Enthralled as we are by Eurocentric mythology, we have become accustomed to considering Westerners as invariably more humane than, say, Mongols or Muslims. That is a totally unfair conclusion. When Saladin took Jerusalem back from Baron Balian of Ibelin in 1187, he not only spared the lives of all (!) of the Franks captured but personally, together with his brother al-Adil, bought 1500 prisoners from his paladins and set them free. The contrast between the way the Western and the “barbarian” peoples conducted themselves was just as obvious during World War II. Whereas the Nazis carried out blatant genocide in occupied Soviet territory, Stalin’s government sent almost two million tonnes of grain to Eastern Europe in 1946 to aid its defeated enemies. No matter how we try to explain this contrast in political terms, in the final analysis it comes down to a fundamental difference in values.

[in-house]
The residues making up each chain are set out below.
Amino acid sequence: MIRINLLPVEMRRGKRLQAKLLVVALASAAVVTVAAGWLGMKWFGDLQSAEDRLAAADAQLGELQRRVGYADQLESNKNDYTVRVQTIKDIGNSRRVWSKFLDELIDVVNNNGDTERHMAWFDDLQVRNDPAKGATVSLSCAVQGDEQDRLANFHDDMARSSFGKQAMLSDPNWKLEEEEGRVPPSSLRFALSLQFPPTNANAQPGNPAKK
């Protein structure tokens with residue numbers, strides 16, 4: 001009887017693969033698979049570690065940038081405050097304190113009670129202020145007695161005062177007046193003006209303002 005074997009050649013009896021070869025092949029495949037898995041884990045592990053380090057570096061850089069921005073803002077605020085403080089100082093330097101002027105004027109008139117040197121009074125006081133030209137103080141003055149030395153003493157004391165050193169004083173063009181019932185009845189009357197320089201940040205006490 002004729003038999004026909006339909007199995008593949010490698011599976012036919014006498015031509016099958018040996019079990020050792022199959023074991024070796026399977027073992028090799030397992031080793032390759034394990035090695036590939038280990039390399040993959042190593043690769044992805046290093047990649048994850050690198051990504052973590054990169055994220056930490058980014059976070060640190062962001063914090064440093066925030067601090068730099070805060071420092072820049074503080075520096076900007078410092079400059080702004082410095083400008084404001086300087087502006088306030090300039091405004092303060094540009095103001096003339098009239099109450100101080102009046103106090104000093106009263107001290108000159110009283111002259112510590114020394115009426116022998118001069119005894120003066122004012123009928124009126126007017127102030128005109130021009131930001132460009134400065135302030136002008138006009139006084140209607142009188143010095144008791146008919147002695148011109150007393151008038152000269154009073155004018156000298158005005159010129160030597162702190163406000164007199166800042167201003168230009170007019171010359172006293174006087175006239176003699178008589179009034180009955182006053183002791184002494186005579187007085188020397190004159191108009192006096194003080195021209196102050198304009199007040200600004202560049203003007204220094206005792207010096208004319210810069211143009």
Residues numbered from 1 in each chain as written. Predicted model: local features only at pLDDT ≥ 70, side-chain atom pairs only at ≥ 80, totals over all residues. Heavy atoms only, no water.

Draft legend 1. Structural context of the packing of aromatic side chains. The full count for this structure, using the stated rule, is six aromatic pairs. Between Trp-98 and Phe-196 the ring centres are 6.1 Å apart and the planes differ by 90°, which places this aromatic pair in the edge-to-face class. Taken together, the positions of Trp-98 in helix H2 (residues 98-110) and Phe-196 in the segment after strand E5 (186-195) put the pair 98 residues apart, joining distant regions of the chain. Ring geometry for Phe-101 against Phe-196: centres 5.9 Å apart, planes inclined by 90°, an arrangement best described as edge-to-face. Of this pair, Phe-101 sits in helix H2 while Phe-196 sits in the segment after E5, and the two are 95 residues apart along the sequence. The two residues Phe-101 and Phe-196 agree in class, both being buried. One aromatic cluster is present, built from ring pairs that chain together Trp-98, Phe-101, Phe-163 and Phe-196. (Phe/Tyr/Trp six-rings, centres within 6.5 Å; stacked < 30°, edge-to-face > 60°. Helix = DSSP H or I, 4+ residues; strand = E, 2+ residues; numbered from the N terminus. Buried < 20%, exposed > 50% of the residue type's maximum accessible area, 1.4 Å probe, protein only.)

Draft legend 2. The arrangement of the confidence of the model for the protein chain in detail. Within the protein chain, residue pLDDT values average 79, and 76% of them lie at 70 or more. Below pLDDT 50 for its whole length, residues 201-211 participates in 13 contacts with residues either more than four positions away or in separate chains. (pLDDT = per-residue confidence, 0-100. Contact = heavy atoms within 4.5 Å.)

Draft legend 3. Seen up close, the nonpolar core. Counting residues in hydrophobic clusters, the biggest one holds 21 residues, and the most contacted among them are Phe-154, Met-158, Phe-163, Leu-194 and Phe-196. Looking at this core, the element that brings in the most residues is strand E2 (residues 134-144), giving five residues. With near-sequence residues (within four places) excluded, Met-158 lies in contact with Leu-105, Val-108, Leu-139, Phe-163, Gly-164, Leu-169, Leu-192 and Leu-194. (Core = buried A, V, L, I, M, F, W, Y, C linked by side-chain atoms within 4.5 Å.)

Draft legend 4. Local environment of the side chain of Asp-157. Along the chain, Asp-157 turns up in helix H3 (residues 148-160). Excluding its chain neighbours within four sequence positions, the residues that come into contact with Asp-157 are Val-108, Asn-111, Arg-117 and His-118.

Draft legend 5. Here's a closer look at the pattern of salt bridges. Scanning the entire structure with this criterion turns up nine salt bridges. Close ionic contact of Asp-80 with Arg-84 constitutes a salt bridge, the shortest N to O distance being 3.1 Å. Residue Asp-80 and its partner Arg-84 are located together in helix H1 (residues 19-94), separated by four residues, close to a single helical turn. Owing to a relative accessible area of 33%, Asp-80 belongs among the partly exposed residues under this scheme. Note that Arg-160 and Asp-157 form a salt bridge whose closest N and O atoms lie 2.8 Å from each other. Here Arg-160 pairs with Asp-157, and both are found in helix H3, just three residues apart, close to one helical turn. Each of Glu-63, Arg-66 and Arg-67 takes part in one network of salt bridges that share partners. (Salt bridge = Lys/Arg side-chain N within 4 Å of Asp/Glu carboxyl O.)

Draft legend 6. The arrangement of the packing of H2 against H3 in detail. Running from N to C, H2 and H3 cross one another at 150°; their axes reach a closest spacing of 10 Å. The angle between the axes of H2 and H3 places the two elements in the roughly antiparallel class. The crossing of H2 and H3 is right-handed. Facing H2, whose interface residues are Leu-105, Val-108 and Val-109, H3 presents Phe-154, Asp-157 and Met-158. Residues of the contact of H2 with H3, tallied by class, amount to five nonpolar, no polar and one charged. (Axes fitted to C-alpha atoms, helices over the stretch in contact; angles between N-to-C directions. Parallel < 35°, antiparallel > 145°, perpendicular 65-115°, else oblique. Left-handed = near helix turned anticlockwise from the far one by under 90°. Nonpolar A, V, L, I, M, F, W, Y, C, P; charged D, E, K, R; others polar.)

The fundamental difference in values also explains the radical dissimilarity between Europe’s ethnographic map and that of other civilizations. Europe is the only continent on the planet dominated by mononational states. It is not difficult to see the reason for that. As the outstanding Russian scholar V. V. Kozhinov aptly put it, if Russia is the “prison of peoples,” then Europe should be considered the “graveyard of peoples.” Indeed, after the Crusaders’ cultural missionary activities, the Labe Slavs and Prussians, the Britons and Picts (remember the R.L. Stevenson’s poem you studied in school about the last surviving heather ale brewers?) were wiped from the face of the earth. The Mohicans and Incas in America and the Tasmanians in Oceania shared their fate a few centuries later. The Hitler and Rosenberg plans for genocide were hardly innovations in Western European culture. On the contrary, it was common practice; the industrial age just put it on rails.
Vladimir Timakov is the Russian political activist from Tula, a provincial center 200 km to the south from Moscow.
Source: New Eastern Outlook